Reconnecting with high school classmates is such a popular social networking feature that schoolFeed has managed to carve a registered user base of 10 million out of Facebook in the year since it launched. Today it opens a new feature where users can mail in their yearbooks, have them scanned and uploaded to schoolFeed, and mailed safely back to them.
Led by former co-founder and CEO of RockYou Lance Tokuda, schoolFeed wants to beat Facebook and competitors like Classmates.com by nailing a single critical use case with a free product.
In Facebook’s early days, its Find Friends feature for discovering high school and college classmates was one its biggest draws. With time, though, Facebook has buried the feature in the cracks of its People Search, and it doesn’t always work properly. For older netizens who might be less savvy, that doesn’t cut it.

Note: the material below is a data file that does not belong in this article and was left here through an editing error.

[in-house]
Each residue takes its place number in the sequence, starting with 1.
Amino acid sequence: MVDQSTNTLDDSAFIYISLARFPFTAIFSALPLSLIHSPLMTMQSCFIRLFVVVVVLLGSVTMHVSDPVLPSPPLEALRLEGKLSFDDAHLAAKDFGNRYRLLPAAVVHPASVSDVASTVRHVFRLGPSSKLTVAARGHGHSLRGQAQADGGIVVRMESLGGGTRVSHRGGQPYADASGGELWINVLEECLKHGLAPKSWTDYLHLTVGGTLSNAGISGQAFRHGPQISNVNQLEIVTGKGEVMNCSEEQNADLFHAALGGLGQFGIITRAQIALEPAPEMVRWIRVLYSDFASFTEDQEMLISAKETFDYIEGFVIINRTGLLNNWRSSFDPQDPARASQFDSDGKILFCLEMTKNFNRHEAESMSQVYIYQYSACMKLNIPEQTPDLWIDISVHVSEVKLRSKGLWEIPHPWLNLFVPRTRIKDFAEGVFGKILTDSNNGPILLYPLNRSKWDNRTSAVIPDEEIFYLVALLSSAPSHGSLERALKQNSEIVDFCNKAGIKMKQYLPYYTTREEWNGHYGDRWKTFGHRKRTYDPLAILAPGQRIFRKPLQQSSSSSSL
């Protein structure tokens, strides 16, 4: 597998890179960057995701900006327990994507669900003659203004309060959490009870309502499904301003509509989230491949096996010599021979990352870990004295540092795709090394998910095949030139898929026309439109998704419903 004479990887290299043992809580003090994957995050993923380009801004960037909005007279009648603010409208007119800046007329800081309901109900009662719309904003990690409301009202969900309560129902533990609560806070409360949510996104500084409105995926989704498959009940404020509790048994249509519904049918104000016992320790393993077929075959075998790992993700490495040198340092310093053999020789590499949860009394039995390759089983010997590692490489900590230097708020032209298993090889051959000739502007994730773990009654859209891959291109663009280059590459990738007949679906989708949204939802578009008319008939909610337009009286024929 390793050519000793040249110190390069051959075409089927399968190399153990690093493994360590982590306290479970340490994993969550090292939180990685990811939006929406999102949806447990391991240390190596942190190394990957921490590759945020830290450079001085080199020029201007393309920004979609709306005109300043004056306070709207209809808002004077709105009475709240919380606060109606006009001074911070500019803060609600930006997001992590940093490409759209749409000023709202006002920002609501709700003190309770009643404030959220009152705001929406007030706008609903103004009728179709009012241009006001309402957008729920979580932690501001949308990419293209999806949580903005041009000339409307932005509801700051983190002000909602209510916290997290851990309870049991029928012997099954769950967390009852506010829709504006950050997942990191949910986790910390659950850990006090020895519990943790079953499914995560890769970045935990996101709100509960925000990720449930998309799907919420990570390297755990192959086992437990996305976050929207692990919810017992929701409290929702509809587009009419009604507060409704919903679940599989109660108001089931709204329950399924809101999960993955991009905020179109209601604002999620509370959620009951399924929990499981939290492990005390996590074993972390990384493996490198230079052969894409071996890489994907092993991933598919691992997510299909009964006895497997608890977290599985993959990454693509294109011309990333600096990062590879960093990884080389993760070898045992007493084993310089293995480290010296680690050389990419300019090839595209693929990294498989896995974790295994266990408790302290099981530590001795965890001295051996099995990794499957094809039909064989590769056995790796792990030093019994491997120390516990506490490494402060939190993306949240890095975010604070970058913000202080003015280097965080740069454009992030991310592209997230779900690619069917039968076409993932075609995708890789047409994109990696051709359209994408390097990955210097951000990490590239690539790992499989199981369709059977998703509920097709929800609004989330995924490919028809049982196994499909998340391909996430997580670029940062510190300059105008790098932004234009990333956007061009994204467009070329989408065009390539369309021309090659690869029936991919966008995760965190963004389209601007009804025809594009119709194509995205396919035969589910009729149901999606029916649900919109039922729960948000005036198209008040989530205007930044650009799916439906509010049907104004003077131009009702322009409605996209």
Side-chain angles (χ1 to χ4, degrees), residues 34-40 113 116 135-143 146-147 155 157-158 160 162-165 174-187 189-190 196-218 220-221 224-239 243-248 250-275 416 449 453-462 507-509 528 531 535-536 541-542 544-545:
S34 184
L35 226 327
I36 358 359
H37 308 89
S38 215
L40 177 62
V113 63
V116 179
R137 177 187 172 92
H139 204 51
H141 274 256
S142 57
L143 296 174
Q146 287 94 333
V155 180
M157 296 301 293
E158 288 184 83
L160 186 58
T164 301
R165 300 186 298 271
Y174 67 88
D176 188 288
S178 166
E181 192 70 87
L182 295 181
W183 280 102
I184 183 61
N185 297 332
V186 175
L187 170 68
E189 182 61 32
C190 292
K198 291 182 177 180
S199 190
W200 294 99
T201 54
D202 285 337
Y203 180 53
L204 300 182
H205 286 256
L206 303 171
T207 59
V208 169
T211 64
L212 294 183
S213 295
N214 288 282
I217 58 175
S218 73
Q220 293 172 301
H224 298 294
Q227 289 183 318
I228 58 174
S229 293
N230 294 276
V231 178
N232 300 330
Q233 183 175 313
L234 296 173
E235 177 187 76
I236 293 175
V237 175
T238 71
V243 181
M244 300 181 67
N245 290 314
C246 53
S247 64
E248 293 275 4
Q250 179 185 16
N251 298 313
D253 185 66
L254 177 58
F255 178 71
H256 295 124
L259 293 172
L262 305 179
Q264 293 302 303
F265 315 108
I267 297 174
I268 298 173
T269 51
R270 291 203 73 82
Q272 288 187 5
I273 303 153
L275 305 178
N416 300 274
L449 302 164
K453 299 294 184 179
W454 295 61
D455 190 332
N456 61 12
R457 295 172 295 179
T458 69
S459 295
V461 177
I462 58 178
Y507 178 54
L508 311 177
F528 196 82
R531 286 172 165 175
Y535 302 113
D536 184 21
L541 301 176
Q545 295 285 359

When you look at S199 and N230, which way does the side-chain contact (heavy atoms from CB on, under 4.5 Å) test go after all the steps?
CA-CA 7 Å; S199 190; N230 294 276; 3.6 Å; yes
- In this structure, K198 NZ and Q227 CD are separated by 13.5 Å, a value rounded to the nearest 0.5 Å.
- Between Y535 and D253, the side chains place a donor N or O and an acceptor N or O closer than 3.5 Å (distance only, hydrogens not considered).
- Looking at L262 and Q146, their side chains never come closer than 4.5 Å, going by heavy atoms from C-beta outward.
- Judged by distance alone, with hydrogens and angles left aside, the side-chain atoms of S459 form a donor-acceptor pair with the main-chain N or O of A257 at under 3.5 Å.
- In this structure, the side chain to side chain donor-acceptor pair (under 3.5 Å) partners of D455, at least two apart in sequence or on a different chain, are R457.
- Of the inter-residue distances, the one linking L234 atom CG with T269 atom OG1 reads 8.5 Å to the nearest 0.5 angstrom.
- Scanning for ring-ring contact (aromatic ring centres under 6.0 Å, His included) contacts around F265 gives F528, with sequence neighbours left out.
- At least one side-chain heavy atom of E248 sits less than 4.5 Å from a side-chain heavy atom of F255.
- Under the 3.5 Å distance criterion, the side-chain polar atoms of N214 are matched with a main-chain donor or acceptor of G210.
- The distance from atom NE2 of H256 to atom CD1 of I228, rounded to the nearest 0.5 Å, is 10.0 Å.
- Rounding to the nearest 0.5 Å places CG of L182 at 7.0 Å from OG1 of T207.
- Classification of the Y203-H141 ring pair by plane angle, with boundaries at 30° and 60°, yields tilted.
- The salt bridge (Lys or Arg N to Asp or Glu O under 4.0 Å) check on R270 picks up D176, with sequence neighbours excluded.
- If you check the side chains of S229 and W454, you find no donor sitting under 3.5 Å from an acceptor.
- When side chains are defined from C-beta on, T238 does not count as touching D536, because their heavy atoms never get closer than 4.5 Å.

schoolFeed makes finding those classmates as easy as possible. It builds directly off of Facebook Connect with its standalone website and Facebook Canvas app. The first thing users do is enter their high school and class year, and they’re immediately shown names and faces of their old chums. Users can browse a class roster, and follow the activity feeds of anyone they like. Tokuda’s viral chops are evident in features like the schoolFeed Bingo game.
The yearbook scanning feature costs $40, but users technically get their money back in virtual currency to spend on schoolFeed. It’s a clever move for the site. It gets paid, it makes the uploader deeply invested, and it gains valuable content it can dangle in front of the uploader’s classmates. They can view the yearbook — but only if they unlock the pages with in-app activity.